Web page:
They're Trying to Make Brad Pitt "Mayor of Hollywood" and It's Not Working
His front row center seat at the Globes put all eyes on him, but he deflected at every turn
On the Vanity Fair awards-season podcast “Little Gold Men,” the hosts often refer to the person sitting front row, center stage at awards shows as the “Mayor of Hollywood.” This figure is an ambassador, so to speak, between the person winning the award and the audience. Often, the role comes with a metaphorical kissing of the ring, or a literal shoutout.
For a number of years, Jack Nicholson was the Mayor, but as he’s aged, the awards shows have futzed around with who fills that key seat. Sometimes it’s been Meryl Streep; other times, Tom Hanks. Both have served well, but neither was in attendance tonight at the Globes, which left that seat wide open for a certain interloper — Brad Pitt.
So how did Mayor Pitt do? Well, nearly every other winner mentioned his name. Austin Butler and Quinta Brunson were quick to shout him out. Presenters, too: Harvey Guillén stopped his announcing to give Pitt a little wave. It seemed like everyone who got up there had something to say about him. More attention for one of the world’s most already famous men who is, regretfully, in his flop era.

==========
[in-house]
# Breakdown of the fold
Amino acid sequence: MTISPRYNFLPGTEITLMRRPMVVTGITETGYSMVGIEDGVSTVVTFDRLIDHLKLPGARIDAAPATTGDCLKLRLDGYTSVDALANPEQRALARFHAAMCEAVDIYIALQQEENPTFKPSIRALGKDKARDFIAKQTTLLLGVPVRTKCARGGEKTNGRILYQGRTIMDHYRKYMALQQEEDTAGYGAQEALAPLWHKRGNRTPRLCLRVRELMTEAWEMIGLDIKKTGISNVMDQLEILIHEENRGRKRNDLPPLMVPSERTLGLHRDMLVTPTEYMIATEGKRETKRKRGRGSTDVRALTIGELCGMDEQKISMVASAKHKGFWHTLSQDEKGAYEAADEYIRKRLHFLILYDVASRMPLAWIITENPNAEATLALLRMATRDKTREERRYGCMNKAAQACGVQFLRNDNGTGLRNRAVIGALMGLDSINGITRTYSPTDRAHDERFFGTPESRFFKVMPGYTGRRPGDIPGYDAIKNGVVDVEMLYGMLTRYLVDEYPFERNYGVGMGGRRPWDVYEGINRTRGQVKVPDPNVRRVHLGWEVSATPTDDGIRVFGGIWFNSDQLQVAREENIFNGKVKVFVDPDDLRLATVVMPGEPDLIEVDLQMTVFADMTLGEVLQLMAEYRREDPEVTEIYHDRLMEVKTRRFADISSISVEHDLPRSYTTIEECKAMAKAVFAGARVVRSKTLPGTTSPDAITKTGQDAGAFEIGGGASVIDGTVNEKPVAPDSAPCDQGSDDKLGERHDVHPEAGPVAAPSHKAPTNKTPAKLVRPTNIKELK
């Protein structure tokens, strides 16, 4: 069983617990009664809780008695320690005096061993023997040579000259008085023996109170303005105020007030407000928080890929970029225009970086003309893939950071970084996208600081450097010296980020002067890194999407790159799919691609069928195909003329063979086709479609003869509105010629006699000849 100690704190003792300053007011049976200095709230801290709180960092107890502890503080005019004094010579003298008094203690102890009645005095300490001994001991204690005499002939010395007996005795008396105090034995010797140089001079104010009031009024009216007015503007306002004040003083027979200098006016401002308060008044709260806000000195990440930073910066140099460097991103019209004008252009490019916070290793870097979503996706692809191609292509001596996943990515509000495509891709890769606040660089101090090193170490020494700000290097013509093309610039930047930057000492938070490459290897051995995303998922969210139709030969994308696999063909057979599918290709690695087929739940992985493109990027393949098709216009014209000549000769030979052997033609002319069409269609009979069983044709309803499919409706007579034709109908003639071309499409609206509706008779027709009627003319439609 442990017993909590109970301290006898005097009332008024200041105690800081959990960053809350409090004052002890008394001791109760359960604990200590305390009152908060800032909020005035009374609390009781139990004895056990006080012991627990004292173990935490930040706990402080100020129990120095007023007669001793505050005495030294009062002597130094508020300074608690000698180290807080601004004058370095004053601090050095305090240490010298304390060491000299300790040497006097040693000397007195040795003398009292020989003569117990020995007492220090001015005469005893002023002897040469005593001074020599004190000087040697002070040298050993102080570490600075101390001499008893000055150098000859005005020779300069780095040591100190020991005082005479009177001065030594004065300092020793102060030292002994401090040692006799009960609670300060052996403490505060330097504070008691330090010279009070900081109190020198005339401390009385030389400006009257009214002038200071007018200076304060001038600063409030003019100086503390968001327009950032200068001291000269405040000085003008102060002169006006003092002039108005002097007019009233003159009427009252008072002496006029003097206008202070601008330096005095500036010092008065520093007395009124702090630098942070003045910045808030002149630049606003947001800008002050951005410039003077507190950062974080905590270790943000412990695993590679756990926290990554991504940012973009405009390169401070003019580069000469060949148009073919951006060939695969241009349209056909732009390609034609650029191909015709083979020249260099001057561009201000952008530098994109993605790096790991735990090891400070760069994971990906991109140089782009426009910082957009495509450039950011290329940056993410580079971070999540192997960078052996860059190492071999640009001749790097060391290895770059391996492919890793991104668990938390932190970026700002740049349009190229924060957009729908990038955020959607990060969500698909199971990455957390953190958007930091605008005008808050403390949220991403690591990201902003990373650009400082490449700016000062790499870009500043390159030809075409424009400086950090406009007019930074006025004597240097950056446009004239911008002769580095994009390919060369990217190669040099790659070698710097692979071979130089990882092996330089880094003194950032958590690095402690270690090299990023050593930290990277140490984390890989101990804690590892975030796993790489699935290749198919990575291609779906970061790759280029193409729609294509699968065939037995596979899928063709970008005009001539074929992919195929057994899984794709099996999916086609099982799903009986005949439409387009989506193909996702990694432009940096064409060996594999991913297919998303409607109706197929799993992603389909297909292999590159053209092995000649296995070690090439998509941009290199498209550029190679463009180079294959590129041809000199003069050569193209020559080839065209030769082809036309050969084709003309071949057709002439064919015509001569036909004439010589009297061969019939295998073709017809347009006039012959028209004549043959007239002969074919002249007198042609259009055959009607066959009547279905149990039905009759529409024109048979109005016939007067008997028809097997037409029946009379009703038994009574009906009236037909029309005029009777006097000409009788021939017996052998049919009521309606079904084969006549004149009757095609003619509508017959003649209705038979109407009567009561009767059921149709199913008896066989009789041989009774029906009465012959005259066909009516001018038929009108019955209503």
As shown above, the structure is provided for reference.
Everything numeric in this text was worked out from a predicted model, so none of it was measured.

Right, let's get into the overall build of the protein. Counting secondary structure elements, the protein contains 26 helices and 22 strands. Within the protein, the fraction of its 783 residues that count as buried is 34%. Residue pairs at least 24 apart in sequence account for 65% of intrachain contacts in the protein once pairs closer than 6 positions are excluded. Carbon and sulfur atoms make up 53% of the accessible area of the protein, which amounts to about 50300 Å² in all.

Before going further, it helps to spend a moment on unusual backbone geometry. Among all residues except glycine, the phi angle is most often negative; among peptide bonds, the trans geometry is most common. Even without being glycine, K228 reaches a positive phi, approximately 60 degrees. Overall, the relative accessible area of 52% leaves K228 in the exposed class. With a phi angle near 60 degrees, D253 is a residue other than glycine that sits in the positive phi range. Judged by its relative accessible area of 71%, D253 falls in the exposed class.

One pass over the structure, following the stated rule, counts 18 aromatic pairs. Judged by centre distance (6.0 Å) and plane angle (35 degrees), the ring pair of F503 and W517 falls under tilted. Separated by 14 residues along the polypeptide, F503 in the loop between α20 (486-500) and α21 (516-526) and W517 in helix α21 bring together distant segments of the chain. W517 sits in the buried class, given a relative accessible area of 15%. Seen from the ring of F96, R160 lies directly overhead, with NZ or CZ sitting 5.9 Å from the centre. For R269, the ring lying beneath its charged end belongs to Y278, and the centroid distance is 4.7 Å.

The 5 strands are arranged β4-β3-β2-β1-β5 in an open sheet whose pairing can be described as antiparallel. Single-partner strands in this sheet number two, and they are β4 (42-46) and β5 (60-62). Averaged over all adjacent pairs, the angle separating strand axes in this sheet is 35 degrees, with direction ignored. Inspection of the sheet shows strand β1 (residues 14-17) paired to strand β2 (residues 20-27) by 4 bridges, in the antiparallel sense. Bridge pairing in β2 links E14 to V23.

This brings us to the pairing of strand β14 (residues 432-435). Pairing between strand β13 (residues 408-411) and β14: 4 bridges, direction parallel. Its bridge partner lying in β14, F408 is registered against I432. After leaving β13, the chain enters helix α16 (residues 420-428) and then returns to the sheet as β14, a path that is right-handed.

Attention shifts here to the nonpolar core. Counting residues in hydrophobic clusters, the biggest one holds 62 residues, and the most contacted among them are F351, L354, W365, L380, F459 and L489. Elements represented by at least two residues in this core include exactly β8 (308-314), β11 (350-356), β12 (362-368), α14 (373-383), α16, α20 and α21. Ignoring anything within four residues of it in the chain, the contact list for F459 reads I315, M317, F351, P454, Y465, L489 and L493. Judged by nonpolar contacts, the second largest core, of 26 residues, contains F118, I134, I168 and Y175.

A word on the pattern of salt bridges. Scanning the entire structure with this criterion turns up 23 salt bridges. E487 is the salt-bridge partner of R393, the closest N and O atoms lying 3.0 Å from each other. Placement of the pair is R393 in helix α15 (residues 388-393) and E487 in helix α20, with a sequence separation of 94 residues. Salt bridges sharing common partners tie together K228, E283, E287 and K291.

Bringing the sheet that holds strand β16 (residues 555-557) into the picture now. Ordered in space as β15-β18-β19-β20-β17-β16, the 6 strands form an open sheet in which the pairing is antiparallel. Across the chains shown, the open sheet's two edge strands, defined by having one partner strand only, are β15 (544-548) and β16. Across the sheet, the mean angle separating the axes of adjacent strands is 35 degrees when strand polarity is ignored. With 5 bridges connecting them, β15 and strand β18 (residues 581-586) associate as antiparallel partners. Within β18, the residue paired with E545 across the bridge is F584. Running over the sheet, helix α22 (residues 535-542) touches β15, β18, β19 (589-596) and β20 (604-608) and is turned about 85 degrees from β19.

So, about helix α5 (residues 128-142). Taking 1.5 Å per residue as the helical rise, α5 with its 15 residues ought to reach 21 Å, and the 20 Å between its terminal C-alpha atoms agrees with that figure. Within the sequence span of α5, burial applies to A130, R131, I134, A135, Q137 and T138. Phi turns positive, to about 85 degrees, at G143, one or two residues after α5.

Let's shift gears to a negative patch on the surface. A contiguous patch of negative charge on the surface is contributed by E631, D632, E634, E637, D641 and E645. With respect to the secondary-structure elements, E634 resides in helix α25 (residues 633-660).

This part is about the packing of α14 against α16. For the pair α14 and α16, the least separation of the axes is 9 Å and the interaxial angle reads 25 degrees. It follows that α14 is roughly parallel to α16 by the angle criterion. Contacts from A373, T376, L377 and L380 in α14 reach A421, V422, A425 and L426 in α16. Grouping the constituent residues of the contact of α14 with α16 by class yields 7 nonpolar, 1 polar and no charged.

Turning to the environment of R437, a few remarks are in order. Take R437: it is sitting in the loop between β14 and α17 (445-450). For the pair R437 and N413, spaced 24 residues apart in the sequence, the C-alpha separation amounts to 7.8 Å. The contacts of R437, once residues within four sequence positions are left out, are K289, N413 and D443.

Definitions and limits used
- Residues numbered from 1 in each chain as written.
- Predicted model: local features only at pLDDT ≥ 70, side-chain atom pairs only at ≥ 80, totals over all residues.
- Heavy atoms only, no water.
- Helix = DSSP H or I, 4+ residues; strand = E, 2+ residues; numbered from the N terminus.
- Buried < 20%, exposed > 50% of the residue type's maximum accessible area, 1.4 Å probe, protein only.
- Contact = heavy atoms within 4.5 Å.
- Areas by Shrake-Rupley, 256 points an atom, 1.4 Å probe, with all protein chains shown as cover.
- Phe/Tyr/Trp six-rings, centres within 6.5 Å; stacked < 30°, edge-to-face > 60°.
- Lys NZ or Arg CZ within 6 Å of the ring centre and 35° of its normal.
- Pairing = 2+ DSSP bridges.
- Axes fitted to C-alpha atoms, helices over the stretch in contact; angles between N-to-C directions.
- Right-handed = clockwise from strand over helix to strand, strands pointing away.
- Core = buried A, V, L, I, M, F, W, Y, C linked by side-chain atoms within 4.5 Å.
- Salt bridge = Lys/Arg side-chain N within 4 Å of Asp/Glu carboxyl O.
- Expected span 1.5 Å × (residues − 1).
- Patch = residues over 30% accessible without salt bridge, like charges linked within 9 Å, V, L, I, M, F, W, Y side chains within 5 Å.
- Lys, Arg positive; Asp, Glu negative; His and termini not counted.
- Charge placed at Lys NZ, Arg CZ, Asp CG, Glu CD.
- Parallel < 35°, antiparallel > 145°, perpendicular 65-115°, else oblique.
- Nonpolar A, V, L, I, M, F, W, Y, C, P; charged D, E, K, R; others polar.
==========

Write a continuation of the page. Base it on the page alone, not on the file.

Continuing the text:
Why is Brad Pitt in his flop era, you ask? We’ve detailed his recent hardships — less-than-stellar films, ongoing litigation against his ex-wife Angelina Jolie, fake girlfriend. And to me, his presence — if you could call it that — at the Globes shows that maybe, Brad Pitt no longer has “it.” He had no banter with the numerous people on stage wanting to flirt with him. He deflected, he demurred. He wasn’t charming, nor interesting, or really all that dashing, or anything that anyone on stage suggested he was.
Pitt unsuccessfully tried to not make it all about him, not realizing that it was about him whether or not he wanted it to be. The Mayor needs to flaunt it, just a little, or else it looks like he’s embarrassed to be there. But I guess if I was in Babylon, I would be too.